Geography gives you a very wide range of skills that are applicable in many endeavours. For example, I've become involved in projects that don't involve science per se. At the moment I am involved in researching and locating aircraft drawings / plans and annuals for an aircraft restoration project; researching what a particular Māori airman did and where he served with the RNZAF during World War Two and I am researching and writing a paper for a group about a particular government policy.  All of these involve skills I acquired from my study of Geography.

So that’s my profile, a wide and varied one.  For a student sitting in geography class and feeling bored or thinking it is of no use, it most definitely is very useful.  Sir Paul Reeves, a former Governor General was a geographer and so is the TV One weatherman, Jim Hickey.  Prince William has a degree in geography and he flies helicopters for the Royal Air Force.  I know what it was like sitting in class thinking like you do, but then I was also lucky too, as my geography teacher was Brother John Tedesco and he was an excellent teacher and a real character – One really neat guy.  I would suggest some things.  If you really want to do well, study hard, join the Armed Forces and get them to pay for your university education.  Even if they don’t, join anyway, because the skills you learn in there will set you up for life.  Grab every opportunity you can with both hands and never forget to have fun.  The world is full of economists and lawyers, but there is always need somewhere for someone with the skills and training of a geographer.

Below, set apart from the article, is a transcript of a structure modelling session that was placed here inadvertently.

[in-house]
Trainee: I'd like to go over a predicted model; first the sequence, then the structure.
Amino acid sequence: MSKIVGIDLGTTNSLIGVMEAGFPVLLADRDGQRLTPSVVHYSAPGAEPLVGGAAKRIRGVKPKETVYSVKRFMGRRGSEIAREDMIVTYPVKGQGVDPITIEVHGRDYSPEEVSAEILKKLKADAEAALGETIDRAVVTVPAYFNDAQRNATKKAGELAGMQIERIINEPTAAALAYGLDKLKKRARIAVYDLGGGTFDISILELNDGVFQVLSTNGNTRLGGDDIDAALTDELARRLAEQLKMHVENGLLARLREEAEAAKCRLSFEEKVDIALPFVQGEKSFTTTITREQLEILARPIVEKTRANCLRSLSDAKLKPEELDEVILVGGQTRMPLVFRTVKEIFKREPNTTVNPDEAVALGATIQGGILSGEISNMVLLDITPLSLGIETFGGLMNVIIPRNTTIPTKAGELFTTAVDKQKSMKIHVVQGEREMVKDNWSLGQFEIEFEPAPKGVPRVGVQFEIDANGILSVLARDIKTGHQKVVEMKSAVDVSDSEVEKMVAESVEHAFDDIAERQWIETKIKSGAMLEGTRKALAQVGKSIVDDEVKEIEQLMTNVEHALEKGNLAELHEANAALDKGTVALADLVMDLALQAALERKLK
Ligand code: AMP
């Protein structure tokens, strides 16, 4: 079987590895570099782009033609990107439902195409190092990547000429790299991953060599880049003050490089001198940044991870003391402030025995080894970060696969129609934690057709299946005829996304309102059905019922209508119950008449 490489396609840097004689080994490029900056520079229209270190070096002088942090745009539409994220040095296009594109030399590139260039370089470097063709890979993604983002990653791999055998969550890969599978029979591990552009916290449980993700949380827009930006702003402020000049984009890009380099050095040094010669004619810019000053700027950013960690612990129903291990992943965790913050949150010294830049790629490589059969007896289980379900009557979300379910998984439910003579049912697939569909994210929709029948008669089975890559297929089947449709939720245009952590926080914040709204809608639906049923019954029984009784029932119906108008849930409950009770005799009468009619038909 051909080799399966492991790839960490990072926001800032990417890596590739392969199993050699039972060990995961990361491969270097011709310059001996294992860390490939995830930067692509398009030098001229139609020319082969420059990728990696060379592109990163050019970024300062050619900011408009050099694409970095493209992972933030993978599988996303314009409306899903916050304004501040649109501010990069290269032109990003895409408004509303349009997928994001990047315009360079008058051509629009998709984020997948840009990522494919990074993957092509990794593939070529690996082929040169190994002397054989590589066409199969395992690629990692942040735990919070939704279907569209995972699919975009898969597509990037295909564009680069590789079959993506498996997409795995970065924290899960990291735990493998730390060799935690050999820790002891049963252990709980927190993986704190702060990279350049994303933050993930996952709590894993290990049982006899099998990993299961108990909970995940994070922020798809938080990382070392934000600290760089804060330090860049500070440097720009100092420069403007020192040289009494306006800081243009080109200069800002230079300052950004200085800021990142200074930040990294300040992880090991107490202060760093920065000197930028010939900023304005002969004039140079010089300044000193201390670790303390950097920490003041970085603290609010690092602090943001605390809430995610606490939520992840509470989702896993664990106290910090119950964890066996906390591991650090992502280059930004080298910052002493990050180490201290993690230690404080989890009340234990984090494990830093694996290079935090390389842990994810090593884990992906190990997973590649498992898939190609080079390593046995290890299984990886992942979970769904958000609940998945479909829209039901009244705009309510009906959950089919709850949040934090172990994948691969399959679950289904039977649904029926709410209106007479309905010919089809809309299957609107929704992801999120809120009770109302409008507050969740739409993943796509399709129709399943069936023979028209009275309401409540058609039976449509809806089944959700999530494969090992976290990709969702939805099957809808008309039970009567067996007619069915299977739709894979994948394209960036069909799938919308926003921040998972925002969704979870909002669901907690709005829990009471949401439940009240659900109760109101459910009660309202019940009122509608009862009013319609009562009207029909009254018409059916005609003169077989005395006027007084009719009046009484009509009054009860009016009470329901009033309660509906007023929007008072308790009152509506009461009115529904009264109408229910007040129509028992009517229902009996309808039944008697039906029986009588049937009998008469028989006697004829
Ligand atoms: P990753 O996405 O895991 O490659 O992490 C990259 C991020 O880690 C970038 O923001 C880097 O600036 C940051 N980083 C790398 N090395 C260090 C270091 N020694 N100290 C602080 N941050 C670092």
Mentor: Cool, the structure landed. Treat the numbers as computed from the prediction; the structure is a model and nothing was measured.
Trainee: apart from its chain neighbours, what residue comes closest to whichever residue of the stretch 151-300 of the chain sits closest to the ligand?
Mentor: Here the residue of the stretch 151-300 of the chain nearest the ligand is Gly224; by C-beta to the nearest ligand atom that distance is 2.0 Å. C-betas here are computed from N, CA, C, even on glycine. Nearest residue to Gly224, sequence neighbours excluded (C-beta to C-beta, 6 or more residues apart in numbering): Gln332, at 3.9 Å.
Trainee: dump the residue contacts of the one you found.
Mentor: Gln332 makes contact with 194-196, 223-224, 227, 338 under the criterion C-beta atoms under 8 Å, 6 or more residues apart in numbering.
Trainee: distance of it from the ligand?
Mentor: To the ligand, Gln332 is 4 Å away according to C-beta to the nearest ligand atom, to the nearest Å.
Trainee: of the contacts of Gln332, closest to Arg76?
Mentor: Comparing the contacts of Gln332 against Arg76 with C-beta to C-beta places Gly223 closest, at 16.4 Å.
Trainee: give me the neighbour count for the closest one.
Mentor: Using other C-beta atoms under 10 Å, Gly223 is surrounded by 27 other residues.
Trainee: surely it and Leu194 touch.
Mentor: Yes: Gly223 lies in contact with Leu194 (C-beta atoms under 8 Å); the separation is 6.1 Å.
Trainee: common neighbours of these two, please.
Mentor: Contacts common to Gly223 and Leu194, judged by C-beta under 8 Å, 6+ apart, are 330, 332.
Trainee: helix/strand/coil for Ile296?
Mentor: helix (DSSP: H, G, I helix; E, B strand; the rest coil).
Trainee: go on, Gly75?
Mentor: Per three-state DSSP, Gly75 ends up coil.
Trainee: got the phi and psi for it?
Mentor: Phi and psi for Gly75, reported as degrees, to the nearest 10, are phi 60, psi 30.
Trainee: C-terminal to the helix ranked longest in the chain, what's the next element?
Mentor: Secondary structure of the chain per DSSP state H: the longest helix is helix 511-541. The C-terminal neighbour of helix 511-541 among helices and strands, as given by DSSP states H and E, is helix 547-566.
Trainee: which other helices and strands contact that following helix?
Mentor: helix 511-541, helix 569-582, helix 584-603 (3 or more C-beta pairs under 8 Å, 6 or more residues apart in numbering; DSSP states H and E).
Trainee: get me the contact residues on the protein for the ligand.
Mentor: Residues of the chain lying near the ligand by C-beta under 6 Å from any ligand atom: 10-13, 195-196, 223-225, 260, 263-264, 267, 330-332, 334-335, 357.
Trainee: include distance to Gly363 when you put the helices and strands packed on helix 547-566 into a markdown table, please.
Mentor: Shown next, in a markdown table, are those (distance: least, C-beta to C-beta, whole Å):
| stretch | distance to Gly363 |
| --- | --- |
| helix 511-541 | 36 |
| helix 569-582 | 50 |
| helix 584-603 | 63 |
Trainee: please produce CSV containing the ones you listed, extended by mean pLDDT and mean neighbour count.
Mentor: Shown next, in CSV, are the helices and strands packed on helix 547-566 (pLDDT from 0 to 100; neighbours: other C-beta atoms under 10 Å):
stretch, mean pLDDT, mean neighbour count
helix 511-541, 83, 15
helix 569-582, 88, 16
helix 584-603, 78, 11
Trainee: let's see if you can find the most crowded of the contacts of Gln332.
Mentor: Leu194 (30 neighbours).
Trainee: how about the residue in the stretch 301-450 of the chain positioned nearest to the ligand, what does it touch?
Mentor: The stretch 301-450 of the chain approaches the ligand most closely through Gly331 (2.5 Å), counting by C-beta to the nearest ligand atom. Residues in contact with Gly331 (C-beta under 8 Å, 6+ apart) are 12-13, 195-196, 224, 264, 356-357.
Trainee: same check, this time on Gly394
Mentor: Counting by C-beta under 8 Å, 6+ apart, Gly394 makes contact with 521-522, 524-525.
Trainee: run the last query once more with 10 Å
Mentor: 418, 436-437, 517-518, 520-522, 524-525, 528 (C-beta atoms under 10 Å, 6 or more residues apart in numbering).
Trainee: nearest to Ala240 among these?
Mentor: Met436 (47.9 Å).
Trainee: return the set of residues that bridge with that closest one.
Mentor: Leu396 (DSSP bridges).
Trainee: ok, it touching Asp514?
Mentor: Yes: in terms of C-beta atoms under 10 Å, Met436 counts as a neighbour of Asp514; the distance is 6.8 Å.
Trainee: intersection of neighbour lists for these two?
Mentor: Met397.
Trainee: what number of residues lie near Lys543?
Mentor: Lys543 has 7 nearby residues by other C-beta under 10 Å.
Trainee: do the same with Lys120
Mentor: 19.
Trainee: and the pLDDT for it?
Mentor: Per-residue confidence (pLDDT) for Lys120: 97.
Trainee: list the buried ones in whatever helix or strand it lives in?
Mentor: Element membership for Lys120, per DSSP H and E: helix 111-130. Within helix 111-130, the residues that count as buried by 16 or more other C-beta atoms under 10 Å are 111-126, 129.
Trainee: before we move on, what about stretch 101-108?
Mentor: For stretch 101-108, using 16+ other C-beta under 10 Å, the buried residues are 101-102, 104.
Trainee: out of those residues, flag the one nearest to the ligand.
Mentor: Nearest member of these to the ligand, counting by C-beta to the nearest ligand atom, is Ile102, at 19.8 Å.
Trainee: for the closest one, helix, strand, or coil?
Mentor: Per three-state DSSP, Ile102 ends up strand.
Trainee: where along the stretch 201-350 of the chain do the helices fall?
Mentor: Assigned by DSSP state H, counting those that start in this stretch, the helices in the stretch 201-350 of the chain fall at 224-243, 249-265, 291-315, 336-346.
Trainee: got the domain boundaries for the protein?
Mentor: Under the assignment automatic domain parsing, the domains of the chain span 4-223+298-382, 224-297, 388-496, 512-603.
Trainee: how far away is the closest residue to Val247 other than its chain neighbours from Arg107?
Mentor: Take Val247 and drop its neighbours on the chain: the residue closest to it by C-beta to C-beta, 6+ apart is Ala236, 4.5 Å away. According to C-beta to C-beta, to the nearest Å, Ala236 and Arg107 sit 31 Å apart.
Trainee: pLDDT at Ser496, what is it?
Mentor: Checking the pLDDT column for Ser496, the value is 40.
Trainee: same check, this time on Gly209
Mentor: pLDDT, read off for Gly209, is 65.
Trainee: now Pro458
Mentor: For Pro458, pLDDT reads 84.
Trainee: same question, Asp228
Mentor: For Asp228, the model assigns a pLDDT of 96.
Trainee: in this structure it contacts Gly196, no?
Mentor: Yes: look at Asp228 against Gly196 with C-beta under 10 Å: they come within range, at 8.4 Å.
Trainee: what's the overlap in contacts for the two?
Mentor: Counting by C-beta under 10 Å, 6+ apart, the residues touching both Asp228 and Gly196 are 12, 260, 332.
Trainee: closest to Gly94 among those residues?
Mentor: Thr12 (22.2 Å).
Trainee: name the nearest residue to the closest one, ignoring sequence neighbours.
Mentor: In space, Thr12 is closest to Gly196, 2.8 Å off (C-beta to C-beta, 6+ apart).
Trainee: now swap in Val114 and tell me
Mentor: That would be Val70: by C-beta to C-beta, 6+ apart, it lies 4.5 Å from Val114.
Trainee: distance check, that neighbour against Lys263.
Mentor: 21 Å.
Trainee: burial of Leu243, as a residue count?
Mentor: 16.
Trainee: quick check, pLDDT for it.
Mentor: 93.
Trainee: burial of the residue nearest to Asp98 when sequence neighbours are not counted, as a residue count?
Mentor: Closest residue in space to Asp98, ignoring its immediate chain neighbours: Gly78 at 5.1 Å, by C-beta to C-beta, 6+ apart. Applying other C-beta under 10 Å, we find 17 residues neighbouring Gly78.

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Street Address: 121 Kakapo Street, Gore, Southland, New Zealand
Postal Address: P O Box 94, Gore 9740
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Fax: (03) 208 0000